The spycops’ supervisors who remain accountable

Undercoverinfo logoAfter the unreserved apology of the Metropolitan Police to the eight women conceding undercover relationships were an abuse of power and violated women’s human rights, Tom Coburg did an overview of the supervisors responsible for the #spycops, their tasking and their behaviour – based on Undercover Research profiles.

Repost of Undercoverinfo blog, by Tom Coburg, originally 20 November 2015

The undercover officers with whom the women had relationships were employed by the Metropolitan Police Service (MPS). Four of these officers worked within the MPS’s Special Demonstration Squad (SDS). Other officer worked within the National Public Order Intelligence Unit (NPOIU).

  • Detective Chief Inspector Richard May: described in newspaper articles as Mark Kennedy‘s boss while at the NPOIU. He is noted for confirming to French police that the NDEU had intelligence related to the Tarnac case, which is thought to have come from Kennedy’s attendance at a 2008 meeting of European anarchists in France. However, he also told police that the ‘source of this intelligence will never be revealed and no formal statements will be provided’.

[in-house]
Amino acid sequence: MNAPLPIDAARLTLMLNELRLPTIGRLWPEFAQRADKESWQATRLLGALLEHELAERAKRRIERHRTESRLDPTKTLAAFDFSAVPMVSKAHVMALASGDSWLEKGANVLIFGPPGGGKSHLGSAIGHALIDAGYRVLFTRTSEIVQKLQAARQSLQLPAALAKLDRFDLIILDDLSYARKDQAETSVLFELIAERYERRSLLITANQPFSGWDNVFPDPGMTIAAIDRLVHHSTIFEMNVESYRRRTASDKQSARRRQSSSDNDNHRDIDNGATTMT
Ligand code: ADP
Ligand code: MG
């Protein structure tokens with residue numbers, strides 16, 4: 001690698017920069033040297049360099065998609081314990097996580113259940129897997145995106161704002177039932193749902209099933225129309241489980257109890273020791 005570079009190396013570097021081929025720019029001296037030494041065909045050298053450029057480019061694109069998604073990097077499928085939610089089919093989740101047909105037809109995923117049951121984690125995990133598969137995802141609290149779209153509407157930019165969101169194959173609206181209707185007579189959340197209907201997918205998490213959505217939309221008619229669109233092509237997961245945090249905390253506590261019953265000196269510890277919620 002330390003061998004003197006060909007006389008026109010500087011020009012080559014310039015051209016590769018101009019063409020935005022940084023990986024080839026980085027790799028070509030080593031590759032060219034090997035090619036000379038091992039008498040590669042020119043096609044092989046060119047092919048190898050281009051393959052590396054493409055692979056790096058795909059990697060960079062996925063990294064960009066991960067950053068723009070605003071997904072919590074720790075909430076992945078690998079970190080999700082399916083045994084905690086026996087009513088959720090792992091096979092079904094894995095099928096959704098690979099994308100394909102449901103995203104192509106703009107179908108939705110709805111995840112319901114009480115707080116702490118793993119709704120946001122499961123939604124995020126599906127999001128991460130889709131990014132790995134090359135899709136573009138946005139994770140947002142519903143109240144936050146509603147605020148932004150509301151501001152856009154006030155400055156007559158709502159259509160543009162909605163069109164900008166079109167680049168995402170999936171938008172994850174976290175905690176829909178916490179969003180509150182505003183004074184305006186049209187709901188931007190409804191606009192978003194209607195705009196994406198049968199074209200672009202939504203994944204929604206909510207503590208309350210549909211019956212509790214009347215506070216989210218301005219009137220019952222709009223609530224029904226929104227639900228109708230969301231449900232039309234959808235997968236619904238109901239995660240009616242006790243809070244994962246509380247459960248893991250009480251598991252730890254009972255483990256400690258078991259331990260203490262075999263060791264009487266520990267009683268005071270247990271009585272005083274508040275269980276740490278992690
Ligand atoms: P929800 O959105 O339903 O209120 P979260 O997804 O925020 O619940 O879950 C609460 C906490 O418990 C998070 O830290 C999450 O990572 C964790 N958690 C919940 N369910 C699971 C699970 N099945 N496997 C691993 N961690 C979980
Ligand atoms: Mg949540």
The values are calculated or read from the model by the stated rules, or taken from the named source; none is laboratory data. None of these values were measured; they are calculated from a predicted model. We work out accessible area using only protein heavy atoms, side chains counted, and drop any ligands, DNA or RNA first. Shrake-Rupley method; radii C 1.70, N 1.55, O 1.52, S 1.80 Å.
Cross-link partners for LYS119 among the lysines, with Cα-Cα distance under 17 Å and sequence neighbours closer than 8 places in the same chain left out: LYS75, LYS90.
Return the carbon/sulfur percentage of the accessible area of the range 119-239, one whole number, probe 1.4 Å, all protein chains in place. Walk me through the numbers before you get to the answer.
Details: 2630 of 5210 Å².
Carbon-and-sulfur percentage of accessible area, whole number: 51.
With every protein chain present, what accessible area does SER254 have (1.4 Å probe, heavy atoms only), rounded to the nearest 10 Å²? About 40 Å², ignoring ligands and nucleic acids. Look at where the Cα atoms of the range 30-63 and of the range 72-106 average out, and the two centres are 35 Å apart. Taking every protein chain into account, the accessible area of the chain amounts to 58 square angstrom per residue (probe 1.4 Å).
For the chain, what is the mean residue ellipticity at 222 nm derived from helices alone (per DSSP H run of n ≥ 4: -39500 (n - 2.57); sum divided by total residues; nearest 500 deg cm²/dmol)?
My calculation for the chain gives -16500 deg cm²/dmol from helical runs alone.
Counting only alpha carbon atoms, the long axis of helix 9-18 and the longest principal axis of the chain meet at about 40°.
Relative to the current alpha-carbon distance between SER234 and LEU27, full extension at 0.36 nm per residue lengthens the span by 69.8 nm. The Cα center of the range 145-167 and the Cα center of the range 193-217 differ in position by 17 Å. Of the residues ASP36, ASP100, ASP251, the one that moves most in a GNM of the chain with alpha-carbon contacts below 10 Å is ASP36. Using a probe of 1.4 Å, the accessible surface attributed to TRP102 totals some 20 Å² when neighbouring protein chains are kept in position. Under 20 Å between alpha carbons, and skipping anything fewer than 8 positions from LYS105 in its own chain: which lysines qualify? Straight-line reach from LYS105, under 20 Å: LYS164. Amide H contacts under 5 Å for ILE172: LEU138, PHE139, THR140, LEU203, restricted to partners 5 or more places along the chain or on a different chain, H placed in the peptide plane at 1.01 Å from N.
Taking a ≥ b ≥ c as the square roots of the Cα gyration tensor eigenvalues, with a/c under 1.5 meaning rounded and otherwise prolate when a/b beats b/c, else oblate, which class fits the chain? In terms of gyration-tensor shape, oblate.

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Police Apology for Relationships: Where Next?

Repost of Campaign Opposing Police Surveillance, 23 November 2015

L-R: Kate Wilson, Helen Steel, Belinda Harvey and their lawyer Harriet Wistrich at their press conference, 20 November 2015 (Pic: Danny Shaw, BBC)